When the Board of Lady Managers for the Women’s Building at the World’s Fair in Chicago launched a competition in 1891 for the building, Robert Peabody, a lifelong supporter of Howe, encouraged her to enter a design. [6] The first prize was awarded to her friend and classmate Sophia Hayden, and Howe received $500 for second prize. This money allowed her to travel in Europe with her mother and sister for eighteen months, starting in July 1892. She returned the United States in October 1893, when she visited the Exposition before being given her first commission, the design of a house for a recently married friend. [7]

Watercolor sketch by Lois Lilley Howe, n.d. © Massachusetts Institute of Technology, Institute Archives and Special Collections
Watercolor sketch by Lois Lilley Howe, n.d. © Massachusetts Institute of Technology, Institute Archives and Special Collections

Career

Howe came from an old and prosperous Cambridge family, and her connections helped her to secure work. A female architect was more likely to receive commissions from friends and family members than from strangers, especially early in her career. [8] The first few years were a struggle, and it is possible that she supplemented her practice by other work. By 1900, however, Howe had established her firm on Tremont Street in Boston and she was soon busy with commissions for renovations and new houses.

During the early part of the twentieth century, it was not uncommon for women practicing architecture to specialize in residential work. Stereotypes about women and their close association with the domestic sphere limited the options for female architects. While these attitudes were a disadvantage for going after other types of projects, they were also something that Howe and her partners capitalized on. An unidentified newspaper clipping about the firm reported that their slogan was “the woman’s touch in architecture.” [9]

Howe, Manning, and Almy, James Morgan House, Prescott Road, Lynn, Mass., 1932. © Massachusetts Institute of Technology, Institute Archives and Special Collections
Howe, Manning, and Almy, James Morgan House, Prescott Road, Lynn, Mass., 1932. © Massachusetts Institute of Technology, Institute Archives and Special Collections
Lois Lilley Howe, Anne M. Paul House, Newburyport, Mass., 1912. © Massachusetts Institute of Technology, Institute Archives and Special Collections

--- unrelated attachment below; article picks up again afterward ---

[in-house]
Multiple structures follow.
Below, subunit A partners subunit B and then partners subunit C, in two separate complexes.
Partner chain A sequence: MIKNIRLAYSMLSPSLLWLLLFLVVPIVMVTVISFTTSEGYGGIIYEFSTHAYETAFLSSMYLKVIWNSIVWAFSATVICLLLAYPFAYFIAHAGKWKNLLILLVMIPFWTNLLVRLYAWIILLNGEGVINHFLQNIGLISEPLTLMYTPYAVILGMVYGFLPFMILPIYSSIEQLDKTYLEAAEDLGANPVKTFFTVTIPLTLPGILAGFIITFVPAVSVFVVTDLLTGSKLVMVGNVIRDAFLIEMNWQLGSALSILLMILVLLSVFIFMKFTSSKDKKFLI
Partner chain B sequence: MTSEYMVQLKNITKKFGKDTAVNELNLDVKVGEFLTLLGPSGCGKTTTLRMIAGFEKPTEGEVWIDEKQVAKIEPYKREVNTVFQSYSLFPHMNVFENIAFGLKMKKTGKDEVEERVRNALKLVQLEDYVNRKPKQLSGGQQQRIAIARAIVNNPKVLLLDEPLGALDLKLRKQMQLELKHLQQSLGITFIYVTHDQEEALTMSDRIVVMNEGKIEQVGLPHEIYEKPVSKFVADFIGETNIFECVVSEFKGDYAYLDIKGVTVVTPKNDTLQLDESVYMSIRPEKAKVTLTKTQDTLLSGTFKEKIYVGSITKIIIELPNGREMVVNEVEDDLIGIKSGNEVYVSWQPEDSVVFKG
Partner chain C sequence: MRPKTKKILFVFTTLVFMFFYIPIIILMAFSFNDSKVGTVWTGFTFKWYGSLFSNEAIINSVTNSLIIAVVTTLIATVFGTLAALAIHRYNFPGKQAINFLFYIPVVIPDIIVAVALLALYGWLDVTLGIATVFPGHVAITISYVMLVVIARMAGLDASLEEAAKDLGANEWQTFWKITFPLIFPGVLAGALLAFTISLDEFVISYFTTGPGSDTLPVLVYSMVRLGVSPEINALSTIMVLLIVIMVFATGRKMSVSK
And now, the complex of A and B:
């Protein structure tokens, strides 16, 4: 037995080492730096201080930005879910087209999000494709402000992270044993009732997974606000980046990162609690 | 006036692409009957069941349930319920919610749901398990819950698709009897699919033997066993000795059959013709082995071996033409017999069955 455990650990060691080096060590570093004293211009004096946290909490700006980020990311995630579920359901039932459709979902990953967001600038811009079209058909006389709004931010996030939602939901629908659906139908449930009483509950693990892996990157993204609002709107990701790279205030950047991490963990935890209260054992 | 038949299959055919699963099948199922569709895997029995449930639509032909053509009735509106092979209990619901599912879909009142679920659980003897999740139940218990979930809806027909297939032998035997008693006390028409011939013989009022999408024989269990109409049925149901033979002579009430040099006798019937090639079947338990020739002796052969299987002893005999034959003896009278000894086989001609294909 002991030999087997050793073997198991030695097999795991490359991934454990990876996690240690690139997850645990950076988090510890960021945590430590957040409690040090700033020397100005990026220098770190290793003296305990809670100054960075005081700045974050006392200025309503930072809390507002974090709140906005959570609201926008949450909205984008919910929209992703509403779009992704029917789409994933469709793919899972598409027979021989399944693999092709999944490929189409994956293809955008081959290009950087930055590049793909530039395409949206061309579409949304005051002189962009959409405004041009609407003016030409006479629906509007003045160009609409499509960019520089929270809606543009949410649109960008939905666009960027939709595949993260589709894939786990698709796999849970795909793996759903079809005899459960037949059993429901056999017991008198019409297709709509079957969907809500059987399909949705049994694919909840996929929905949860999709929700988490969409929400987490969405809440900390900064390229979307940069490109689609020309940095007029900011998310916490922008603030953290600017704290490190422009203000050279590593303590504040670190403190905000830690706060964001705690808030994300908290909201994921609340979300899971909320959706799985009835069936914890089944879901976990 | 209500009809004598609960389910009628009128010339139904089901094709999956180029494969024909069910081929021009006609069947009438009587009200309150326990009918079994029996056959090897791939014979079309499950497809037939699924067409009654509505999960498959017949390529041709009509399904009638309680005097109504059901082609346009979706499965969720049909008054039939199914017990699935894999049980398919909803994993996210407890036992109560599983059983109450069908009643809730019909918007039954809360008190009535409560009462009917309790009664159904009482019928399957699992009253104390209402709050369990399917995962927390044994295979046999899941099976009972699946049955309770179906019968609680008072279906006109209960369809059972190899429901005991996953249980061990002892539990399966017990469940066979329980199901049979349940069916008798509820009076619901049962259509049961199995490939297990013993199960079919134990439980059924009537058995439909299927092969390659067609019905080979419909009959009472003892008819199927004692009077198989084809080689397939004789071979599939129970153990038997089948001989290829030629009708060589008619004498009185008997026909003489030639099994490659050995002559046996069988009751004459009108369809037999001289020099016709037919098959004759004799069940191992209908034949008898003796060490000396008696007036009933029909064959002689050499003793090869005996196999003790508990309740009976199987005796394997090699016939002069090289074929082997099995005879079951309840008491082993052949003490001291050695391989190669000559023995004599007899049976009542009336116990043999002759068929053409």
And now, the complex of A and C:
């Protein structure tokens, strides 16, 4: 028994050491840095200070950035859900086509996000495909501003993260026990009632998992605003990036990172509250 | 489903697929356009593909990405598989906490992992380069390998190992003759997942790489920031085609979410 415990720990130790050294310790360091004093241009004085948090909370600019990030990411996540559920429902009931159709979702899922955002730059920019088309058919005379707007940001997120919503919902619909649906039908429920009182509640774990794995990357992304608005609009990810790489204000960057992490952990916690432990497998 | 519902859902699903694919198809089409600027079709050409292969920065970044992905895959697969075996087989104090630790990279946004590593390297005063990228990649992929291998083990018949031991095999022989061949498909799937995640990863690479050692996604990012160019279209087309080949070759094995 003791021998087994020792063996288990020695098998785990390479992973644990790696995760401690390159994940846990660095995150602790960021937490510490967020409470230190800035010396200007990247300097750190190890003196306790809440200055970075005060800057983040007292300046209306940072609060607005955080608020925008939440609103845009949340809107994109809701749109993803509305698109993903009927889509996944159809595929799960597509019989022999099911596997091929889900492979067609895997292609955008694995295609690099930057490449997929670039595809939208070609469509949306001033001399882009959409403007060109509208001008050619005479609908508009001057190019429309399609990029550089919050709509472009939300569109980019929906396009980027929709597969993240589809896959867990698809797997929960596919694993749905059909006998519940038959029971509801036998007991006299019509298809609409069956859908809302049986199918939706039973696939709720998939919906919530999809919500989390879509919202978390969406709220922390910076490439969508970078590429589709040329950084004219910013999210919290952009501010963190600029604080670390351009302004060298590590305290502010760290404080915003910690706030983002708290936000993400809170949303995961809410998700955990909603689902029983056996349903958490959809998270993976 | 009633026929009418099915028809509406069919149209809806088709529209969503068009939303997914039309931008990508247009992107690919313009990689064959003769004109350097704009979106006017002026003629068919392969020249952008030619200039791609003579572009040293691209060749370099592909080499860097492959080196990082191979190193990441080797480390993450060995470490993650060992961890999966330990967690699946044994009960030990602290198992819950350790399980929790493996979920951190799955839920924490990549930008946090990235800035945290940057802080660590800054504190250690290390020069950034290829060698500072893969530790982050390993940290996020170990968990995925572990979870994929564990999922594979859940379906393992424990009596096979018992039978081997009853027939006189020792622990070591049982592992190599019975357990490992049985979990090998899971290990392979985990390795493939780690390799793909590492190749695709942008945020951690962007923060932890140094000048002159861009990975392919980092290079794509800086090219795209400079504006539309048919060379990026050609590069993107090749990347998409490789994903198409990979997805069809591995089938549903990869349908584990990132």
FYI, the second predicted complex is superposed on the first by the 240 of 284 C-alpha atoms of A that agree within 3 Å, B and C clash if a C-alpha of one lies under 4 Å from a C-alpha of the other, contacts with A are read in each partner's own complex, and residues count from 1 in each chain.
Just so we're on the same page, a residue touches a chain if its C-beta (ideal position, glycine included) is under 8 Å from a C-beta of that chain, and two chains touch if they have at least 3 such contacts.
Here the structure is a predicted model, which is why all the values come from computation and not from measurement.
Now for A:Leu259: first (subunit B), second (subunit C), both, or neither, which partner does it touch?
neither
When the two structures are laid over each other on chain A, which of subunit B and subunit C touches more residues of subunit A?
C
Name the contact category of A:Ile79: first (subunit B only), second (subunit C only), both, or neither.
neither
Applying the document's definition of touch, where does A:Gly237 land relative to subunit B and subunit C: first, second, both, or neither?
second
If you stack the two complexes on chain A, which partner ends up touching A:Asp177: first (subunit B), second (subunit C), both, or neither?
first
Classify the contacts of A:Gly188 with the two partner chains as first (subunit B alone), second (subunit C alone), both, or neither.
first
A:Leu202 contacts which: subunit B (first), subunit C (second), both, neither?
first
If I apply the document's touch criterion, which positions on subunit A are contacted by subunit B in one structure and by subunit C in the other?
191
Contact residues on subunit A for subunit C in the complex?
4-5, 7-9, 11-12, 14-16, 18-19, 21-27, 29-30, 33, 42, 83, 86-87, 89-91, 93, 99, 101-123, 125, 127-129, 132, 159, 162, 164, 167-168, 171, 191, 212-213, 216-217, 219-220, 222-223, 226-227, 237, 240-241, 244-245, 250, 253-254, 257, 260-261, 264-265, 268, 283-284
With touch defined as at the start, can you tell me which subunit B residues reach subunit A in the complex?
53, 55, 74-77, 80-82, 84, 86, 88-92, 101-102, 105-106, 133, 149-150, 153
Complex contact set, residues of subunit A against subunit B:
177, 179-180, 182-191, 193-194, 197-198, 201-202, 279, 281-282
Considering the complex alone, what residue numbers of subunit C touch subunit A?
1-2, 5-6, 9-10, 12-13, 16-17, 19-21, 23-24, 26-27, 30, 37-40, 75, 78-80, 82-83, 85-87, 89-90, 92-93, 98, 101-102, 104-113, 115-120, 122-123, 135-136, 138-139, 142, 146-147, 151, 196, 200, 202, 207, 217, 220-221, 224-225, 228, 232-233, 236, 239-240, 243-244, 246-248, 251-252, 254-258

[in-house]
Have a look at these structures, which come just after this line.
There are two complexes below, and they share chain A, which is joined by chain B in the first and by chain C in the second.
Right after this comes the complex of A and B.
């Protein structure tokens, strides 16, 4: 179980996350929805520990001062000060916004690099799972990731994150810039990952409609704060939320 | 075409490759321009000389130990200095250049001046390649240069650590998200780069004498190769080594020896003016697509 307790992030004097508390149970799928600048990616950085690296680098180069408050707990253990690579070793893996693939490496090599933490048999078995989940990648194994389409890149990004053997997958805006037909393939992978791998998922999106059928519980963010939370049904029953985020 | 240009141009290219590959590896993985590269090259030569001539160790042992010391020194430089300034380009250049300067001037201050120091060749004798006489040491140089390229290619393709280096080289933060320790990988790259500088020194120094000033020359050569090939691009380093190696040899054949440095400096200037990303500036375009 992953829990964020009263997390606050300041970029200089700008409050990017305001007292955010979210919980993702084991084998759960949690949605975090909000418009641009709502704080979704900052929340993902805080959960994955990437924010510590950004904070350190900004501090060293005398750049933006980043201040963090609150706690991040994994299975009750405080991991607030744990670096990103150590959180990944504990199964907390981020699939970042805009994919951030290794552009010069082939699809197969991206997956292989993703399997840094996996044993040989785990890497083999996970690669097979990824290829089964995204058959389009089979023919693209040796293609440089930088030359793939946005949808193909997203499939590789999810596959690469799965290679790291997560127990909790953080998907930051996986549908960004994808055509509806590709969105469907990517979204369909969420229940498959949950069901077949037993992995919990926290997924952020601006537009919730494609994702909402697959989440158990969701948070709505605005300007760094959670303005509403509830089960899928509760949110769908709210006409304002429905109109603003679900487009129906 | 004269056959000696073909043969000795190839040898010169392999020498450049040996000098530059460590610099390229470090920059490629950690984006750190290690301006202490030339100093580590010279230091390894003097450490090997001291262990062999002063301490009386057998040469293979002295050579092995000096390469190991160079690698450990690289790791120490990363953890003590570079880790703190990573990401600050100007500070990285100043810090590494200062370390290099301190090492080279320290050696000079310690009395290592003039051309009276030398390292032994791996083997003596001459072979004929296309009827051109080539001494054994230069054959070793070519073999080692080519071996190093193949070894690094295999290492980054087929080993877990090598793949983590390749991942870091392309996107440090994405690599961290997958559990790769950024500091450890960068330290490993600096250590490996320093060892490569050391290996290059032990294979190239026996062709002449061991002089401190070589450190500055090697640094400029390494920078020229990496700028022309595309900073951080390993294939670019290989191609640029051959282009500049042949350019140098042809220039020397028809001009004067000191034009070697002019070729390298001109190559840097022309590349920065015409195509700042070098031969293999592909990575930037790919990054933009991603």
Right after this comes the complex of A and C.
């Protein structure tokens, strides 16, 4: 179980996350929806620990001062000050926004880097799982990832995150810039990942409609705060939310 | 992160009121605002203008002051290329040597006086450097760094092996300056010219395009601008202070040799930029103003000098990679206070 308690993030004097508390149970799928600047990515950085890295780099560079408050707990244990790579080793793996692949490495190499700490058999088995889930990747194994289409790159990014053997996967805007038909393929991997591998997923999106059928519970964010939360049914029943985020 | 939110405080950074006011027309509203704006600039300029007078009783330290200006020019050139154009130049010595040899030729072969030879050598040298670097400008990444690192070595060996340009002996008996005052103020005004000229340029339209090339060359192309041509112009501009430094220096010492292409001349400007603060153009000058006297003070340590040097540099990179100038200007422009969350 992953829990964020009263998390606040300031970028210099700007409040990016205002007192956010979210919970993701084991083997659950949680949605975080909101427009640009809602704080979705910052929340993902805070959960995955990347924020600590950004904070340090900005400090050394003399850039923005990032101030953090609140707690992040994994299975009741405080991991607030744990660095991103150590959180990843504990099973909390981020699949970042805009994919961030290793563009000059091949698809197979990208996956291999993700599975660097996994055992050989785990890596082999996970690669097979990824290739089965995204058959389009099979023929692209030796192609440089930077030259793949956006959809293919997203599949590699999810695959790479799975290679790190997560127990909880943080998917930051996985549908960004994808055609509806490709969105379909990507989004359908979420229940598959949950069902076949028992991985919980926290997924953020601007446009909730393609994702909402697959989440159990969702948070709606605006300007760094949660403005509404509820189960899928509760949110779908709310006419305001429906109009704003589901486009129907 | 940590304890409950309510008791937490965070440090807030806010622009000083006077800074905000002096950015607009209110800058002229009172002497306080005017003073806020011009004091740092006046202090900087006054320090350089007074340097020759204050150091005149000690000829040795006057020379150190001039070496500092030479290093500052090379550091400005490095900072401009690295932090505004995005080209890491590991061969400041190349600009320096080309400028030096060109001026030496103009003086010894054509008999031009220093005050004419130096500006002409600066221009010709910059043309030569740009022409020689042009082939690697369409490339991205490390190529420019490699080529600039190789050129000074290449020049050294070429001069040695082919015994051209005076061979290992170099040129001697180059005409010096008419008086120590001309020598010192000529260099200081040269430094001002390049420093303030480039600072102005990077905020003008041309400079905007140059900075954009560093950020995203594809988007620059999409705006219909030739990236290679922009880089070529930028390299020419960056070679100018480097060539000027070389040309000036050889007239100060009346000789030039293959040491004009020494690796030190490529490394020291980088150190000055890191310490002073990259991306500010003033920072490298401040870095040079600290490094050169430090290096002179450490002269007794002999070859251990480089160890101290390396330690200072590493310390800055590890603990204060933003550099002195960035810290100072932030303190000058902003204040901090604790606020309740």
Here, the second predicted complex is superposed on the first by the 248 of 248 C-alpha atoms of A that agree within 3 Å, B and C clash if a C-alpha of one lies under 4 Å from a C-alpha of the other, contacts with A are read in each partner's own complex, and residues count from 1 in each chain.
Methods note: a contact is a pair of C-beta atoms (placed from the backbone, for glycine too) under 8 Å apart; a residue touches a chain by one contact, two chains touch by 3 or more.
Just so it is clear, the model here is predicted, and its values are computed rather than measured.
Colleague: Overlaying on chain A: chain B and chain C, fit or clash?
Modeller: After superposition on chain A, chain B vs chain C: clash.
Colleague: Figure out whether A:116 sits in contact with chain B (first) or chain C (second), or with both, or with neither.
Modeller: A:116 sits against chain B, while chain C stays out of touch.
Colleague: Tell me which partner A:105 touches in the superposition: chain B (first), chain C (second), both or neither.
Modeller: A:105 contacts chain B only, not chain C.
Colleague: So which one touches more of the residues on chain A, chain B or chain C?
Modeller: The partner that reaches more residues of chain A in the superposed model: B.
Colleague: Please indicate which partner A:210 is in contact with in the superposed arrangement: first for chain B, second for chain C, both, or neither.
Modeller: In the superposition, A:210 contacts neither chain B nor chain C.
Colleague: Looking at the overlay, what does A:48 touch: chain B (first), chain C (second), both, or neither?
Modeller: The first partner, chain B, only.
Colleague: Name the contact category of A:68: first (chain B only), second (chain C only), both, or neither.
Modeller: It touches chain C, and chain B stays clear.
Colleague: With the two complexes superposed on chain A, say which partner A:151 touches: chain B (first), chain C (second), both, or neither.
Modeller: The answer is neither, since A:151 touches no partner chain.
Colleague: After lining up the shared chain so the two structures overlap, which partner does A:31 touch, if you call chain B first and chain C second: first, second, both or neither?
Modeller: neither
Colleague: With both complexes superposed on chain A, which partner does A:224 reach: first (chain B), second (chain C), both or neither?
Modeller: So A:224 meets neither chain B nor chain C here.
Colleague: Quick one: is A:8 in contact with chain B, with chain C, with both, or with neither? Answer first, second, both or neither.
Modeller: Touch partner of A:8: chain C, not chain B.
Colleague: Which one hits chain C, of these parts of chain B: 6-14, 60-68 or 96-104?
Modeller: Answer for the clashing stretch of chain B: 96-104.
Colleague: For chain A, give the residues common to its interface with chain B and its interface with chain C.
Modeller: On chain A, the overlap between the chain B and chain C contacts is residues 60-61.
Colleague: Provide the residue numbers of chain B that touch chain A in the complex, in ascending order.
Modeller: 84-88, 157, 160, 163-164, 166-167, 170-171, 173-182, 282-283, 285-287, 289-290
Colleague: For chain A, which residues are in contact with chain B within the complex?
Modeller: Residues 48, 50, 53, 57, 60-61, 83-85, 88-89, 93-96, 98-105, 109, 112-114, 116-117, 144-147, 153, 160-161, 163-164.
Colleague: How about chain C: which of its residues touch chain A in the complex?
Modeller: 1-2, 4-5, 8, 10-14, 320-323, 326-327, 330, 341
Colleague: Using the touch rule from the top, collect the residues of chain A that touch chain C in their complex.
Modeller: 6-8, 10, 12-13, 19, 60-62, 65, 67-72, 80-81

Lois Lilley Howe, Anne M. Paul House, Newburyport, Mass., 1912. © Massachusetts Institute of Technology, Institute Archives and Special Collections

For over forty years, Lois Lilley Howe built a reputation for thoughtful design and well-constructed buildings. In her early career she mostly designed and renovated large houses for wealthy families with servants. From 1890 to the 1920s, Revivalist architecture was popular among New England’s upper classes. Howe mastered the Colonial Revival and Georgian Revival styles through careful research. During her travels around the region, she took numerous photographs and made measured drawings of buildings and architectural details. [10] Some of these drawings were eventually published in Details from Old New England Houses[11]

In 1901, Peabody nominated Howe to the American Institute of Architects, where she was made a member, the second woman after Louise Blanchard Bethune. It is possible that Howe was elected to the AIA because her first name, Lois, was confused for Louis. [12] Her election to the AIA was particularly notable in Boston at the time, where women were not allowed to be members of the Boston Society of Architects, a requirement for AIA membership. Howe was also a trailblazer when she became a Fellow of the AIA in 1931, the first woman to be elected to this honor. [13]

Lois Lilley Howe, sketchbook page, 1884. © MIT Institute Archives and Special Collections
Lois Lilley Howe, sketchbook page, 1884. © MIT Institute Archives and Special Collections
Lois Lilley Howe, Anne M. Paul House, Newburyport, Mass., 1912. © MIT Institute Archives and Special Collections
Lois Lilley Howe, Anne M. Paul House, Newburyport, Mass., 1912. © MIT Institute Archives and Special Collections